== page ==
Power to the people… amen. A first step has been taken for a more open electrical energy market in Nova Scotia. But, as even the Liberal government cautions, people shouldn’t hold their breath waiting for lower rates.
What consumers pay on their bills is what will matter to most – as opposed to ideological moves about who sells to whom. But undoing a monopoly has to start somewhere; this development is welcome.
The Liberals announced the bill Friday, the Electricity Reform Act, a measure promised in the election campaign.
It comes, interestingly, the same day the Utility and Review Board gave approval to the Maritime Link project – and the Nova Scotia government said with the deal revised it will add its blessing too. That makes two platforms added for future energy needs for Nova Scotians.
Of the Electricity Reform Act, Energy Minister Andrew Younger estimates it will be about two years before consumers get the choice of buying power directly from renewable energy retailers. These new projects could include such sources as biomass, wind, solar and tidal energy.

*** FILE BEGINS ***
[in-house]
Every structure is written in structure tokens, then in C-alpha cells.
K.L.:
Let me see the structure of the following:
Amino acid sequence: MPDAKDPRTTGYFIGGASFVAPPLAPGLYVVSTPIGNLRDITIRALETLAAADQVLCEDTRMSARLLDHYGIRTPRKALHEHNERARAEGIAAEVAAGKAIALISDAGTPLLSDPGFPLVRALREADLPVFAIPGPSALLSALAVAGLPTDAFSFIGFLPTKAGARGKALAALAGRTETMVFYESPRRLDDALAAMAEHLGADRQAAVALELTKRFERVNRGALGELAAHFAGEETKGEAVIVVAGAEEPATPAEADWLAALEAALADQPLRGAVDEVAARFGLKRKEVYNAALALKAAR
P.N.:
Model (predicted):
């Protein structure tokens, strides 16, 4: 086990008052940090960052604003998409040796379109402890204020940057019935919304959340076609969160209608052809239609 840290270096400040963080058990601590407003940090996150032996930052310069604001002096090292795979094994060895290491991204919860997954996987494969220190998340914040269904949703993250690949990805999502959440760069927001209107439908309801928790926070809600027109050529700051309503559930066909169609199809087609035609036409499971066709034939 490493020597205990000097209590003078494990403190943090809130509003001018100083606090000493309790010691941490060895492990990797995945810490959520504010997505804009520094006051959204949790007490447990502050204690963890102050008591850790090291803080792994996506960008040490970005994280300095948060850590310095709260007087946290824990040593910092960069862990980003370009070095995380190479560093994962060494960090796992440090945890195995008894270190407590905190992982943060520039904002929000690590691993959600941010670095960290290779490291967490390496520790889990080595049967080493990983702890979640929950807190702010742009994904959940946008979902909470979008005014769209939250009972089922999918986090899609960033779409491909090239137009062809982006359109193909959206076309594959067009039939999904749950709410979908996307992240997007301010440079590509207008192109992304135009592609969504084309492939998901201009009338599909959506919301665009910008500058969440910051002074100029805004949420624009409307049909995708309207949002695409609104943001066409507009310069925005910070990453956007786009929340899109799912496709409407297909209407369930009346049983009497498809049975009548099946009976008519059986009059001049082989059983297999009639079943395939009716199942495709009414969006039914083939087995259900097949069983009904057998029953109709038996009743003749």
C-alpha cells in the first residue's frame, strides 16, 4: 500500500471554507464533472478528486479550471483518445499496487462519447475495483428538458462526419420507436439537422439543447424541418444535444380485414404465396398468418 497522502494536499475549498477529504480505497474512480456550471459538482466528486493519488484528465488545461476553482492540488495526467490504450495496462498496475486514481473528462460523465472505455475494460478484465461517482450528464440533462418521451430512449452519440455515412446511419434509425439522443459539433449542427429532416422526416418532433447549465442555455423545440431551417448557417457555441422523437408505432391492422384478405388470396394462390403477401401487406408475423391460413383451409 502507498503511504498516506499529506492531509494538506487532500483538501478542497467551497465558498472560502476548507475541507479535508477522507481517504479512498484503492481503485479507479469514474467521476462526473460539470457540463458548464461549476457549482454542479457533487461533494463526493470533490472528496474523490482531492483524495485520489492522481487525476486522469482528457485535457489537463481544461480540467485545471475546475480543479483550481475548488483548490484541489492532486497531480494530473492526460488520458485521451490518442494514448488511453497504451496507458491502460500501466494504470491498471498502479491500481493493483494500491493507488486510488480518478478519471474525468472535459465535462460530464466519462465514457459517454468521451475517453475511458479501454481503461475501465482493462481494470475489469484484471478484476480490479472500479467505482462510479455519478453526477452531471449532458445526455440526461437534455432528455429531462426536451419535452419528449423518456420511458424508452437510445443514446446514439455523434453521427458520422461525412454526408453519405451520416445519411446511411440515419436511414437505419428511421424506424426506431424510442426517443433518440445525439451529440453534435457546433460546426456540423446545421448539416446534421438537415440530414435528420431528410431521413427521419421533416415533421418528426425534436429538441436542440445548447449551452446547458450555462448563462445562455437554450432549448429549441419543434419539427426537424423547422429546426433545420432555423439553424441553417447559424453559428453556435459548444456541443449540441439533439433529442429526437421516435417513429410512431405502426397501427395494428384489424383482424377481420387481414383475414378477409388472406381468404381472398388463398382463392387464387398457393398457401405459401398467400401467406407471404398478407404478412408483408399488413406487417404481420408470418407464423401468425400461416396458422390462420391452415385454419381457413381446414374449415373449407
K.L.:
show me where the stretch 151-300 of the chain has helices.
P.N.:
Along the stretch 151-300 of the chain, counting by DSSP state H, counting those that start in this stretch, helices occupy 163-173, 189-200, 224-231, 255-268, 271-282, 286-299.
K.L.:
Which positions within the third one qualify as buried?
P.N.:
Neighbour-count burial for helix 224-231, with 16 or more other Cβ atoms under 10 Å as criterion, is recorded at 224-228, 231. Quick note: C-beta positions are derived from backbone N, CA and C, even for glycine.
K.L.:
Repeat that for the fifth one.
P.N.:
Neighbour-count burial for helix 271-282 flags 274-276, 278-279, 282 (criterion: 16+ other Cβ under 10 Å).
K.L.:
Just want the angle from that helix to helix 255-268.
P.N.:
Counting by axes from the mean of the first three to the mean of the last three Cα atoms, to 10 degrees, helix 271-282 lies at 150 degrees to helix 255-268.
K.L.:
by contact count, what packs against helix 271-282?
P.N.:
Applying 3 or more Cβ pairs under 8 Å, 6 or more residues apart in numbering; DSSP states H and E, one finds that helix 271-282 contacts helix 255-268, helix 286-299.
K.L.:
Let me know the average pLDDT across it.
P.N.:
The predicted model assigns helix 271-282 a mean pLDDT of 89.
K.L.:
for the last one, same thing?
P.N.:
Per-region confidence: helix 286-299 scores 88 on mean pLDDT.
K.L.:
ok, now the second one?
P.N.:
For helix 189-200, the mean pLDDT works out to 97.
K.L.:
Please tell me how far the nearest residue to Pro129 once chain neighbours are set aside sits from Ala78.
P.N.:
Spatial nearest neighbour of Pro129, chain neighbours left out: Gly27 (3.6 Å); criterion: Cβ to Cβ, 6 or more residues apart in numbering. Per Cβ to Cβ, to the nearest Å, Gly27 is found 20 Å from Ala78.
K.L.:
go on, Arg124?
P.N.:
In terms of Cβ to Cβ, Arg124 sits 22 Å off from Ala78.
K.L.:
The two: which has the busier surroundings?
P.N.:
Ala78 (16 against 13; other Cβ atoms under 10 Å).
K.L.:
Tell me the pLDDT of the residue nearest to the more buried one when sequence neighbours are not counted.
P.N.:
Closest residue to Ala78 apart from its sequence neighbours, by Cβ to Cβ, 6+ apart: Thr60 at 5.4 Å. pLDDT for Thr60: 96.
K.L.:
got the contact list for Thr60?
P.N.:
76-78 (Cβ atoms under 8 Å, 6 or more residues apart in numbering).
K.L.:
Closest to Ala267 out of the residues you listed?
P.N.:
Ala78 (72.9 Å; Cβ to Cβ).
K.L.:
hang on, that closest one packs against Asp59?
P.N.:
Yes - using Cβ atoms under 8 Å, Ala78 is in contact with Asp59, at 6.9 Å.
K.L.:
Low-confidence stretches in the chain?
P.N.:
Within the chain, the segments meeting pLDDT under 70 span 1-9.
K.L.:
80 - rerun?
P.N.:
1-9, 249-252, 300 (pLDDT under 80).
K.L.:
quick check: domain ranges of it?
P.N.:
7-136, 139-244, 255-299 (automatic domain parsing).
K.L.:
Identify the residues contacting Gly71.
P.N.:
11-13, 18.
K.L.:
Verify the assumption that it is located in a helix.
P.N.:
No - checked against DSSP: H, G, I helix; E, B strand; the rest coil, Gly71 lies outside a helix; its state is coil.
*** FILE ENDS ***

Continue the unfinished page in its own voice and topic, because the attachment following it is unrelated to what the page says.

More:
Nova Scotia Power customers would be allowed to select that option, while customers of a municipal electrical utility would not.
Price-wise, it will be interesting to see whether savings will be there early on. It’s been noted when green energy projects are discussed that the capital cost of building means they don’t come cheap, but represent more stable prices since they aren’t dependent on fossil fuels.
Another optimistic note about this legislation is the incentive it will offer for such renewable energy development. The proposed regulations would allow the entrepreneur of such a project to sell directly to customers.
It should also result in at least a degree of competition.
Undoubtedly people will be impatient, waiting for a break in rates. The Liberals will have to play this out with the public as a lesson in long-term planning: such changes don’t pay off overnight.